Kentucky hires $300k Louisville toll bridge consultant
PFM Financial Advisors of Florida will charge the state $310 per hour for the work. Road fund or toll revenues would cover the company’s costs.
LOUISVILLE, Ky. (WDRB) – Kentucky plans to spend $300,000 over the next year for a Florida-based consultant to advise transportation officials on the Ohio River Bridges Project and any proposals they receive under the state’s new public-private partnership law.
The Kentucky Transportation Cabinet’s contract with PFM Financial Advisors LLC of Orlando, Fla., took effect March 31 and was reviewed by the state's government contract review committee on Tuesday. There were no objections to the contract, according to committee staff.
PFM will charge the state $310 per hour for work aiding the Kentucky Public Transportation Infrastructure Authority, a state agency largely appointed by the governor and staffed by the Transportation Cabinet. The state’s road fund or toll revenues would cover the consultant’s costs.
The company ended a previous contract last June that paid $285 per hour, totaling as much as $900,000 for up to five years. Its work included helping the authority on the 2013 financing of Kentucky’s part of the $2.3 billion bridges project and estimating that the all-electronic RiverLink toll system would cost less to operate that originally thought.
PFM also was hired by Gov. Matt Bevin’s administration last fall to analyze the state’s troubled pension systems. The company will be paid $796,300 for that work, up from an original amount of $556,300.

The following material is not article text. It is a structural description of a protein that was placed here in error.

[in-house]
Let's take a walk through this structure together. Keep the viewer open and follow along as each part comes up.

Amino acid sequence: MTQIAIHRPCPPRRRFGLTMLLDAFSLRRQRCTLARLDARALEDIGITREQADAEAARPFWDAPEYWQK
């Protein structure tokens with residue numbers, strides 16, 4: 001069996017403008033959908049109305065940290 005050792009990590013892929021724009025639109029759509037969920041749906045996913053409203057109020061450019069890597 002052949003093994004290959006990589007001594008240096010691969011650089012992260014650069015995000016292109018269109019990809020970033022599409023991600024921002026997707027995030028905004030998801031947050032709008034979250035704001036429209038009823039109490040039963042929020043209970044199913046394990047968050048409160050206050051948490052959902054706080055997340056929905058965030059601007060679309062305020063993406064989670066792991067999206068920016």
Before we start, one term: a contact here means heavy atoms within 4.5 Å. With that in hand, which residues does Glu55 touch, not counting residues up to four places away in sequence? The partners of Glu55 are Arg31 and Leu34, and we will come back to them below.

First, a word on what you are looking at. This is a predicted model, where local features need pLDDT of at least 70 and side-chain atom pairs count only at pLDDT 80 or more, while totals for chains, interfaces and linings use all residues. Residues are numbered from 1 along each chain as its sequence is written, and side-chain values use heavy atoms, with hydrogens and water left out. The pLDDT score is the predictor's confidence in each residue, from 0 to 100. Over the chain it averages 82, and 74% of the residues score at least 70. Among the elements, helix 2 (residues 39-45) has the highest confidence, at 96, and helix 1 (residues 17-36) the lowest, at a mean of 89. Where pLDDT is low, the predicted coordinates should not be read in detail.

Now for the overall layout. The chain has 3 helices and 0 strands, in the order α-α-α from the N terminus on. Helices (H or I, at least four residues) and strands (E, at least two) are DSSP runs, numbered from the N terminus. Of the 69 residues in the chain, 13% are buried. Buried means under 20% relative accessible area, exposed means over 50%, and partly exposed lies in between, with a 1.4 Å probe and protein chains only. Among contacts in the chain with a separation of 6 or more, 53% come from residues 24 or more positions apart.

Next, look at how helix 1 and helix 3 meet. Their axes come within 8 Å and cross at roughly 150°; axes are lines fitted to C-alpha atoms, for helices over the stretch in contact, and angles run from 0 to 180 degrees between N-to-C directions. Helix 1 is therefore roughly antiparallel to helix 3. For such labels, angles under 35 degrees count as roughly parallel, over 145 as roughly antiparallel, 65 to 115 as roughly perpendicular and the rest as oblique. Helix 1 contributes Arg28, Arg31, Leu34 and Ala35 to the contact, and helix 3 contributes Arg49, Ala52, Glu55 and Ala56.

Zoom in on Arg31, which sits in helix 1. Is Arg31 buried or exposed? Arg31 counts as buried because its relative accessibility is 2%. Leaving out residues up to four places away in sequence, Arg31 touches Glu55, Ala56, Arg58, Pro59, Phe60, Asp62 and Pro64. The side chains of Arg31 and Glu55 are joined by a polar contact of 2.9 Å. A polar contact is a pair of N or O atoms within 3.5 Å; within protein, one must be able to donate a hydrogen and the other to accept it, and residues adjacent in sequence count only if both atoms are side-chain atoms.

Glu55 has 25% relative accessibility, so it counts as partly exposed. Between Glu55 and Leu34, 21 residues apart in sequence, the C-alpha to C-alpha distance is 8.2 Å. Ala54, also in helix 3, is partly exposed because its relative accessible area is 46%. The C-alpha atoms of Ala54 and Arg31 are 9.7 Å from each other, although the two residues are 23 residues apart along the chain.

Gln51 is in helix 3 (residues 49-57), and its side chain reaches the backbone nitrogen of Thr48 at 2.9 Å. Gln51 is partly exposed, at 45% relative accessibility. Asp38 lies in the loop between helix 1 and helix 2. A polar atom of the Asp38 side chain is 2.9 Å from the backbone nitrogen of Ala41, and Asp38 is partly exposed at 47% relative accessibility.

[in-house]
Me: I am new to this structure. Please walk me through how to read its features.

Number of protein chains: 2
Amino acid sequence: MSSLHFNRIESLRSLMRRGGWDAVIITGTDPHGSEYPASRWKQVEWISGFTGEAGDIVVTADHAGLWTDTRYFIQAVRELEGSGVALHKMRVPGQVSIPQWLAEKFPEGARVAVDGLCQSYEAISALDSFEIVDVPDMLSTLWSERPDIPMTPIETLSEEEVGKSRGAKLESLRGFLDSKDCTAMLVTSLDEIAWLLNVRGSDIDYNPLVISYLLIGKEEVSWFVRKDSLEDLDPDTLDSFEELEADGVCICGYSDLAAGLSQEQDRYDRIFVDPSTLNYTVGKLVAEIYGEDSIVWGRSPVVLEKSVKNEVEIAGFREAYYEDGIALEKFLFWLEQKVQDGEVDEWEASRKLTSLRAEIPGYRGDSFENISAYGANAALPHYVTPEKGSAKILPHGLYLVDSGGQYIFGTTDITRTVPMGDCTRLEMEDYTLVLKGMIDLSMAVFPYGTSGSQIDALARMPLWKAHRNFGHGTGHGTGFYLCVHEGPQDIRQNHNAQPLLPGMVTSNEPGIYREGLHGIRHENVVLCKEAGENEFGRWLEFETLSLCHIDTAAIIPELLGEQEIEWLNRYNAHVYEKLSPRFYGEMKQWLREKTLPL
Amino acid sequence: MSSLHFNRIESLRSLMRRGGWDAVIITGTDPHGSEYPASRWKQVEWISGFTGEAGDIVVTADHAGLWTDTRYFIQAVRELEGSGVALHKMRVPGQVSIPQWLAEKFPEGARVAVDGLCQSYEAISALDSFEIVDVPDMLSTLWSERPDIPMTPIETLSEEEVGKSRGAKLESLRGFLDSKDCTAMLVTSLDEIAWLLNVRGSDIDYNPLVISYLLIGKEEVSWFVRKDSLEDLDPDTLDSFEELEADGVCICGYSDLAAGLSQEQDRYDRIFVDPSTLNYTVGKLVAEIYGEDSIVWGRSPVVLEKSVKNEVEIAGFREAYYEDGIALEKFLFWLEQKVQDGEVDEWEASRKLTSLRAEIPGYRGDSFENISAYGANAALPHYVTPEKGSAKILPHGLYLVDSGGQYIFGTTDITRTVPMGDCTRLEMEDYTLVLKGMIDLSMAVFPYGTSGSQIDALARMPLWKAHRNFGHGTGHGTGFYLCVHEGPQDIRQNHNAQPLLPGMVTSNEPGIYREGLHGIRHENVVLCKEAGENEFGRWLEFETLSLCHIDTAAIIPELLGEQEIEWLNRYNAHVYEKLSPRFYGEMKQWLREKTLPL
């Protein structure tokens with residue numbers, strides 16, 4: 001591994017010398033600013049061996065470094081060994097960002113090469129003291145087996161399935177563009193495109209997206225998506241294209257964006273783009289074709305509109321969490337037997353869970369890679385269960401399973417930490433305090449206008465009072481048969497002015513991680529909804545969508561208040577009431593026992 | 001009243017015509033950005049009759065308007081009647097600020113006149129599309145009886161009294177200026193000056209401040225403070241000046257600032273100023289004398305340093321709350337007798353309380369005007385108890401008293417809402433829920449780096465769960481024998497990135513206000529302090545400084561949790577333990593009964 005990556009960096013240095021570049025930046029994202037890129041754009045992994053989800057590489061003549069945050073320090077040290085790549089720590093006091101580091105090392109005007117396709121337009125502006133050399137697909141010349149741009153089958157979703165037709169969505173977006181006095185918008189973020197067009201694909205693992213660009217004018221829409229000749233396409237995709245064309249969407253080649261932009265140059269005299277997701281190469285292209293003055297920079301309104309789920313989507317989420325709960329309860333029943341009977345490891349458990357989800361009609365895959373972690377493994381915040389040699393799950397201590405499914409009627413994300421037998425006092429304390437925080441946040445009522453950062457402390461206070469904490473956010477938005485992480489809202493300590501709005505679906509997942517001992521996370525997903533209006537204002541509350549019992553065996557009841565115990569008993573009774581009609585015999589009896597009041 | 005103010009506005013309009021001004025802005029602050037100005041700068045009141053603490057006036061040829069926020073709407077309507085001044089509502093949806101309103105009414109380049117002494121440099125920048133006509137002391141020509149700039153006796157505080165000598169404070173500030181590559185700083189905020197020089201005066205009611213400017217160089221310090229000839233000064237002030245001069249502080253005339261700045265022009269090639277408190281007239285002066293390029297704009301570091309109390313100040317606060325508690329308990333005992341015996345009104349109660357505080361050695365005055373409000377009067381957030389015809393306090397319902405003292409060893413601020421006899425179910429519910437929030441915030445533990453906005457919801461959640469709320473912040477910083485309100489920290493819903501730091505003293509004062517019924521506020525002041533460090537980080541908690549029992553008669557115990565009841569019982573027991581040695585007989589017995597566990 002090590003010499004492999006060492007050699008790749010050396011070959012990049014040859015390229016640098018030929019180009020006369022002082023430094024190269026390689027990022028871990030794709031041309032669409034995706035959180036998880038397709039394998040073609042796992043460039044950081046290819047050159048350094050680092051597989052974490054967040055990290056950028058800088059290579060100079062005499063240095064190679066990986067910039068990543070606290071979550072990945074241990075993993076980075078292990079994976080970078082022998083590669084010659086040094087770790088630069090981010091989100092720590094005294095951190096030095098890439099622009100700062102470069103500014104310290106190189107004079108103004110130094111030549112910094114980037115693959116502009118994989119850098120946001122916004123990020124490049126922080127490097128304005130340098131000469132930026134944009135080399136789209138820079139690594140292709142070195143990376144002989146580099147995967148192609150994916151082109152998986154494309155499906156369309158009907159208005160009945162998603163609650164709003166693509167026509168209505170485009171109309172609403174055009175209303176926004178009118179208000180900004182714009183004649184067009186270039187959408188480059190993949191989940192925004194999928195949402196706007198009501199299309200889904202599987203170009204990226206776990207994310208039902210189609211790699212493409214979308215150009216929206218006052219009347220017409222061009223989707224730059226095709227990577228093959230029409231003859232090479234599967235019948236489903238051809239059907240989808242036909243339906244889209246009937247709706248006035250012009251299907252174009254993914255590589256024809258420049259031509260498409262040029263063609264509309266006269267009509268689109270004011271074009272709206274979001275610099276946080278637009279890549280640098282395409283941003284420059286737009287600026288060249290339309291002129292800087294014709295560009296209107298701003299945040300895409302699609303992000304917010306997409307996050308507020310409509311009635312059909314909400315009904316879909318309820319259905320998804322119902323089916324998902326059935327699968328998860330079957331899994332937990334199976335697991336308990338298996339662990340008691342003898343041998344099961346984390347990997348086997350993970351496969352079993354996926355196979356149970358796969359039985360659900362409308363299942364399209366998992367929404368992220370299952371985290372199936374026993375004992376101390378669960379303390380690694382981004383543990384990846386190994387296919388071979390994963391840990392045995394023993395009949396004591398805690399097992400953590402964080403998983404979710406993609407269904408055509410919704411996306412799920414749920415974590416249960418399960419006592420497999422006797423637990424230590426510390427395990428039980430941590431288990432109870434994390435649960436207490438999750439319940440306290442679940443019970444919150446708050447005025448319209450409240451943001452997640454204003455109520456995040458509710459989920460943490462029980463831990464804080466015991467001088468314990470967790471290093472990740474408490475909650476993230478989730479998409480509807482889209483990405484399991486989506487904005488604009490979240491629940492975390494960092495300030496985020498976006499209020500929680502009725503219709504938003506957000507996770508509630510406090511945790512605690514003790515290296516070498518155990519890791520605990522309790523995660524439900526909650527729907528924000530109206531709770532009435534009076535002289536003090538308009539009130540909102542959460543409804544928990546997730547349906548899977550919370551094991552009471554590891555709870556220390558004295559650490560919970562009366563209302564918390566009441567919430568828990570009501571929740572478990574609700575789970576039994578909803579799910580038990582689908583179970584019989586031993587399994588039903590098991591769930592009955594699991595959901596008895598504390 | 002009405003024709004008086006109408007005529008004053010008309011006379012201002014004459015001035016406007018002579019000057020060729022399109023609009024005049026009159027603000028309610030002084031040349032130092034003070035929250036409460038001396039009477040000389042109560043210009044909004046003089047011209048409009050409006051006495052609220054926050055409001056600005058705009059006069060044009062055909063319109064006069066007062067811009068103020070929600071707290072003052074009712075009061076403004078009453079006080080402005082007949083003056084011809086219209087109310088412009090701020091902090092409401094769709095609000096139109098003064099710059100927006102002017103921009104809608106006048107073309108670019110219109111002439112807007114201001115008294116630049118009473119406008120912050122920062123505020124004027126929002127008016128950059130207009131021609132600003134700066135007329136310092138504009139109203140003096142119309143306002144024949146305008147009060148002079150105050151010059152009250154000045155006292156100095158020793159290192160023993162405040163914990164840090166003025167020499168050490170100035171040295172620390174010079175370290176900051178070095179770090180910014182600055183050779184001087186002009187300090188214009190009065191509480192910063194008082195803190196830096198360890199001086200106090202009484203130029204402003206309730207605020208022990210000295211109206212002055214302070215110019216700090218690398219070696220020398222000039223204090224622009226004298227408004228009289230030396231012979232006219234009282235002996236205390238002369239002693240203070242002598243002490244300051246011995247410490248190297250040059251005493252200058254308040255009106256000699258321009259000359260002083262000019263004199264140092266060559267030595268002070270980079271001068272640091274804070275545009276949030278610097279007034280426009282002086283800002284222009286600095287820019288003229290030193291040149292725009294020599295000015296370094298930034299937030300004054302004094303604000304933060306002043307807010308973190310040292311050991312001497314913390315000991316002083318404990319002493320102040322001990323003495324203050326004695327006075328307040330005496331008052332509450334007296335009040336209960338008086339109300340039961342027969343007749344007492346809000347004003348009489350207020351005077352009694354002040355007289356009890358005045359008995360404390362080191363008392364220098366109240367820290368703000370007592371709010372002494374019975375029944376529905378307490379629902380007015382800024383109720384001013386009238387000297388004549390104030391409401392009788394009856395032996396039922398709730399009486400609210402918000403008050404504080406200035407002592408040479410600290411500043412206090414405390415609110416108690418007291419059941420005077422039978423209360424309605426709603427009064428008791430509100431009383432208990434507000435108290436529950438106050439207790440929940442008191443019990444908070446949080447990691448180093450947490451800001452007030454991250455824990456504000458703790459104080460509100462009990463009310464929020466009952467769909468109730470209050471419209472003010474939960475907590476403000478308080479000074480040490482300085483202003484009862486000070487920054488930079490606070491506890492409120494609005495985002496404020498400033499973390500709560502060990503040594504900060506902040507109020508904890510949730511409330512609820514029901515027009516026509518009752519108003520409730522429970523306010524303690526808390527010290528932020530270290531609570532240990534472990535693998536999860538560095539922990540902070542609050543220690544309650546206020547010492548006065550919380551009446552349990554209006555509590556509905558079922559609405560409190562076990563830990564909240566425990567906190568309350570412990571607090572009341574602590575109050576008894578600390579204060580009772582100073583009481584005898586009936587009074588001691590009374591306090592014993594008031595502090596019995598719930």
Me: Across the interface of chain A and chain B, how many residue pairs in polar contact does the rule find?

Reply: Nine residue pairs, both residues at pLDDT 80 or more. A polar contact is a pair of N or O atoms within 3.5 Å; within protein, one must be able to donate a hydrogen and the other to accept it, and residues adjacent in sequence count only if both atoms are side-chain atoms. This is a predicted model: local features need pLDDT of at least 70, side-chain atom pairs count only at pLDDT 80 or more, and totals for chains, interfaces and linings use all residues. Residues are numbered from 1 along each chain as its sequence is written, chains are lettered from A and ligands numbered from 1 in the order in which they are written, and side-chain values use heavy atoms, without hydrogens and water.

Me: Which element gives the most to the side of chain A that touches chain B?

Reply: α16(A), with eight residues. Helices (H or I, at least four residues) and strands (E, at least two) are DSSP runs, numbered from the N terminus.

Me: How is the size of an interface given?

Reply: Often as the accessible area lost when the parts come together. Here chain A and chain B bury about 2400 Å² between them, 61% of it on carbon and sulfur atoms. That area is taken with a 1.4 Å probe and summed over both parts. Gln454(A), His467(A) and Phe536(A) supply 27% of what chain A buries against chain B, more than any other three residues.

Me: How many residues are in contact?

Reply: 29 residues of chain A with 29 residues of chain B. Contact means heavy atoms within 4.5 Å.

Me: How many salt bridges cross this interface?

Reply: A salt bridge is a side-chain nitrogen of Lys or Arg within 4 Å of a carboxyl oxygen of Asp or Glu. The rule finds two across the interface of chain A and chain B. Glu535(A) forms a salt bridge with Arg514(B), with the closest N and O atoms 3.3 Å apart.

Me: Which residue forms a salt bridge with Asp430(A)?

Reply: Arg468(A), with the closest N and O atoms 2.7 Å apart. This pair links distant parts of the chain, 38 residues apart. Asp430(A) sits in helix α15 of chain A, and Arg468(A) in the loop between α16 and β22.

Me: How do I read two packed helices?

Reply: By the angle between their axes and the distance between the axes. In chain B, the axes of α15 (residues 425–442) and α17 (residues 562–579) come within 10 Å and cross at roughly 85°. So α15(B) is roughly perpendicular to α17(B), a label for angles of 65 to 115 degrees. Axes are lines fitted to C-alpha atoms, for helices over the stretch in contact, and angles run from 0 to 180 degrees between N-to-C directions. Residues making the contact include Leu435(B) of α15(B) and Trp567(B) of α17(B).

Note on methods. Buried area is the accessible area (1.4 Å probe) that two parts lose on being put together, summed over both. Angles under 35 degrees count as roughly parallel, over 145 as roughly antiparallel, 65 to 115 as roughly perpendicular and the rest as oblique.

Under the contract with the Transportation Cabinet, PFM and any subcontractors would help Kentucky officials determine whether the toll revenue generated by the RiverLink bridges is enough to make debt payments on the project’s bonds.
If not, the consultants could be asked to advise the authority how to increase toll revenue or cut expenses.
They also would work with Kentucky officials to review any proposals under a public-private partnership law that passed the legislature in 2016. The law allows developers to make unsolicited proposals to the state.
Megan McLain, assistant general counsel to the Kentucky Transportation Cabinet, said in an email that no such proposals have been submitted.
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